This week I updated a client’s financial plan and refined my financial planning template by adding an additional metric. I have added an output page entitled “Savings Rate” which calculates the client’s total savings rate and distinguishes between taxable and tax-deferred savings.
The template I use (which has evolved over a period of five to six years) is a unique tool, in my estimation. Every output page is full of useful information as opposed to fluff and provides me with a high-quality, comprehensive picture which enhances the task of prudent decision-making. I am very excited about this.
Managing a client’s portfolio is the lifeblood of any successful RIA firm. Therefore, it’s important to know how each and every account is allocated and to have a snapshot of their total holdings. This includes assets held with you as well as those which may be held at another firm for some reason.
It’s equally important to keep abreast of current market conditions. One of the first things I do each business day is turn on CNBC to see if the futures are up or down. I also keep an eye on the U.S. dollar versus other currencies, primarily the euro. Finally, I look at the price of oil. With a picture of my client’s accounts and a view of the markets and the economy, I can determine if I need to make any adjustments.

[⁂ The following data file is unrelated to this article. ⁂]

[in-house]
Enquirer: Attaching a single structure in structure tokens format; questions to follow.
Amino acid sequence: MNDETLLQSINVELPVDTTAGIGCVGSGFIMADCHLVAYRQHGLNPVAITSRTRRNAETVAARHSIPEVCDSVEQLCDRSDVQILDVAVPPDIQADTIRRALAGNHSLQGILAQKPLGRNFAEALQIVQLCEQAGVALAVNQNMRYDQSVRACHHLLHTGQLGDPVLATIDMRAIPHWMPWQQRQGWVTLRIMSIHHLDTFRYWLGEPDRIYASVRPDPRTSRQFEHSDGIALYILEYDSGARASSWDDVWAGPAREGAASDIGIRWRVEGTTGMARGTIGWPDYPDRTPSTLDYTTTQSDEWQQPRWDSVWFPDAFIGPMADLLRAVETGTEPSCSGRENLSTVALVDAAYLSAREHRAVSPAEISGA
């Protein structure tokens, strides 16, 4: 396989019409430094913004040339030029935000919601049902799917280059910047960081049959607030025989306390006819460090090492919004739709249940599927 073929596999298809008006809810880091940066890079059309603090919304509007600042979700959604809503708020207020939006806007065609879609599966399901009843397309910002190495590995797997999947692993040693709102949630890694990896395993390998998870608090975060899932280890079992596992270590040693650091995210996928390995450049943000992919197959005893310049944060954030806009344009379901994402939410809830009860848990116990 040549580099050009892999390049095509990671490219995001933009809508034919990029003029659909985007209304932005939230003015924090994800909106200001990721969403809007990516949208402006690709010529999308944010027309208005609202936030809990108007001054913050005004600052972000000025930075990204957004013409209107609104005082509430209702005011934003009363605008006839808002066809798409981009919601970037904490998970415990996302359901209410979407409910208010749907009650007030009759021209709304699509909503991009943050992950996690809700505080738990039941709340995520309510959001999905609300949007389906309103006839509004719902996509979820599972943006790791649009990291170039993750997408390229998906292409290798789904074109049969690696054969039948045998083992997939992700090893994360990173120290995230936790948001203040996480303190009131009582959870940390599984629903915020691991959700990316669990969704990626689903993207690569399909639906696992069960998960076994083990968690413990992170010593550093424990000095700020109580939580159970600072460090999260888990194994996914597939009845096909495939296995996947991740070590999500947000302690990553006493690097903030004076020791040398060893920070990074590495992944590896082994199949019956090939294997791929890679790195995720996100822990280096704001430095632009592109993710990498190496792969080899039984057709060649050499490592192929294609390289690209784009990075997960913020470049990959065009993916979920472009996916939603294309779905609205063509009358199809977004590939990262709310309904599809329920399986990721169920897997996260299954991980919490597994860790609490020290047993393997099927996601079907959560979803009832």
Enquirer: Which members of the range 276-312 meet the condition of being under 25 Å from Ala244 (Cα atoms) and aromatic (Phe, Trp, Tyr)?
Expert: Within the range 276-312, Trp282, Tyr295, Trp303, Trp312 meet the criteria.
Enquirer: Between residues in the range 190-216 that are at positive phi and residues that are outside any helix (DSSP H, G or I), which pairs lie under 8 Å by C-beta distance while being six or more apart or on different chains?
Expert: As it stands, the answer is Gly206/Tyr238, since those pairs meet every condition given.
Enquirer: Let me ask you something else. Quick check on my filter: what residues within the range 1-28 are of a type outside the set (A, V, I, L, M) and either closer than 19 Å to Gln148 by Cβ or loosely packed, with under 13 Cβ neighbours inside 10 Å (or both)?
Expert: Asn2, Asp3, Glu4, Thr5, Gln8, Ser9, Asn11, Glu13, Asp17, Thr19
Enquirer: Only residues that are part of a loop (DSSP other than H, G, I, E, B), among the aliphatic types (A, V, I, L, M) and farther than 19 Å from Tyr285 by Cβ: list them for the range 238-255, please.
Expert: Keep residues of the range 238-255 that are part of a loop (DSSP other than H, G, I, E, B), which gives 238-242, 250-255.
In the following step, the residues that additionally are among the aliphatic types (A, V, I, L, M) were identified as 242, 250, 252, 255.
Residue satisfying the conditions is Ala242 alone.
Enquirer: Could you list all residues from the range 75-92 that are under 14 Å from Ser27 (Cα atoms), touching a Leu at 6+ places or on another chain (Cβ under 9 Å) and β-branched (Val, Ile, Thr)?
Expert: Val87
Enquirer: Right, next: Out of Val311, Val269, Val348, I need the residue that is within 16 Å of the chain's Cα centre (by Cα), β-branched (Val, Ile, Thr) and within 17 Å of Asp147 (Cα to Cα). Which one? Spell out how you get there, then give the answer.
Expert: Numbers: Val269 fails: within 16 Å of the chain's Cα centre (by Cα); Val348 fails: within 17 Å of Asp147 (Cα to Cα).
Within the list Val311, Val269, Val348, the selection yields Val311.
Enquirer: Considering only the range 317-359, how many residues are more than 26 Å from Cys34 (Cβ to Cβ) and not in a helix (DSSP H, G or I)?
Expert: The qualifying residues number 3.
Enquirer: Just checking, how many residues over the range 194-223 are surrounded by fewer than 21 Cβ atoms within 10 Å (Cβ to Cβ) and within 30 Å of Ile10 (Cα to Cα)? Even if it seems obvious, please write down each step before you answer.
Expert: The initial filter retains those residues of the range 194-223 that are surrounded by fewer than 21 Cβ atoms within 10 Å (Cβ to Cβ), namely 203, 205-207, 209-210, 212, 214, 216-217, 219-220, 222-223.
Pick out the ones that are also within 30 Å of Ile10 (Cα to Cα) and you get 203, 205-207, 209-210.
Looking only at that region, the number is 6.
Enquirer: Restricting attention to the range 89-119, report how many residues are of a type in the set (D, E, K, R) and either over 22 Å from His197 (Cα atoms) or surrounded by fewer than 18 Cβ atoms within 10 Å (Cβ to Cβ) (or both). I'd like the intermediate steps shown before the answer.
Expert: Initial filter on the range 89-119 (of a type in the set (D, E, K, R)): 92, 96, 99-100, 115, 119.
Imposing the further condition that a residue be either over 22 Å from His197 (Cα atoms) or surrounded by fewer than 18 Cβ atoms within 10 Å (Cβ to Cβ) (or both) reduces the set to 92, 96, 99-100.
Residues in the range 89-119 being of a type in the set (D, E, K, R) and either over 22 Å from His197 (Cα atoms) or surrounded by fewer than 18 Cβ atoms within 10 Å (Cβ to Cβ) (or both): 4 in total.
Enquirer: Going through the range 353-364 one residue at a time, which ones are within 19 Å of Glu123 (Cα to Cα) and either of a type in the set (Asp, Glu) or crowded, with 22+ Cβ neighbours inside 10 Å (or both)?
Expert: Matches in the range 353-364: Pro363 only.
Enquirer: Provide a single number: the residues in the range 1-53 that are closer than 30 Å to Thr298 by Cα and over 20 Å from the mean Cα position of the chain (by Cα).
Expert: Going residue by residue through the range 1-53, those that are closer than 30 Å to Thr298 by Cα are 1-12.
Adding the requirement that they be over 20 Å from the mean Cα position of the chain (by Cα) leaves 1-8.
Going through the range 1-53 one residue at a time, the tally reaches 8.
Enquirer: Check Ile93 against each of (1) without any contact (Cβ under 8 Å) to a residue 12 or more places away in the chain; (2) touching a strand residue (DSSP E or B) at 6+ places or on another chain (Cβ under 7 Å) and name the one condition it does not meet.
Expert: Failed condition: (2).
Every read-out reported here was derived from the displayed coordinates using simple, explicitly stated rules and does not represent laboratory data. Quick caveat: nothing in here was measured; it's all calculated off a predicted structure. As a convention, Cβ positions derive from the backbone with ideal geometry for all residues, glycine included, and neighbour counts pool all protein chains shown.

For example, earlier this year I bought an oil ETF when oil was around $38 per barrel and later sold when it hit $70. During this time, I also acquired a couple of new clients. Since I had already bought into oil, these new clients didn’t have it in their portfolios. So at one point, I had some clients in and some out of oil. What I needed to be able to do was to see who had it and who didn’t. I could do this by searching for a particular security and viewing the report which shows all accounts that hold it. However, when you consider that each account has a number of different securities, knowing how each is allocated is very important to me. I have developed a method to track this and will share it in a future blog.
So how do you manage this process? How do you keep a close eye on the broad and subcategory allocation of each account under your purview? I’d like to hear your thoughts and, as always, thanks for reading.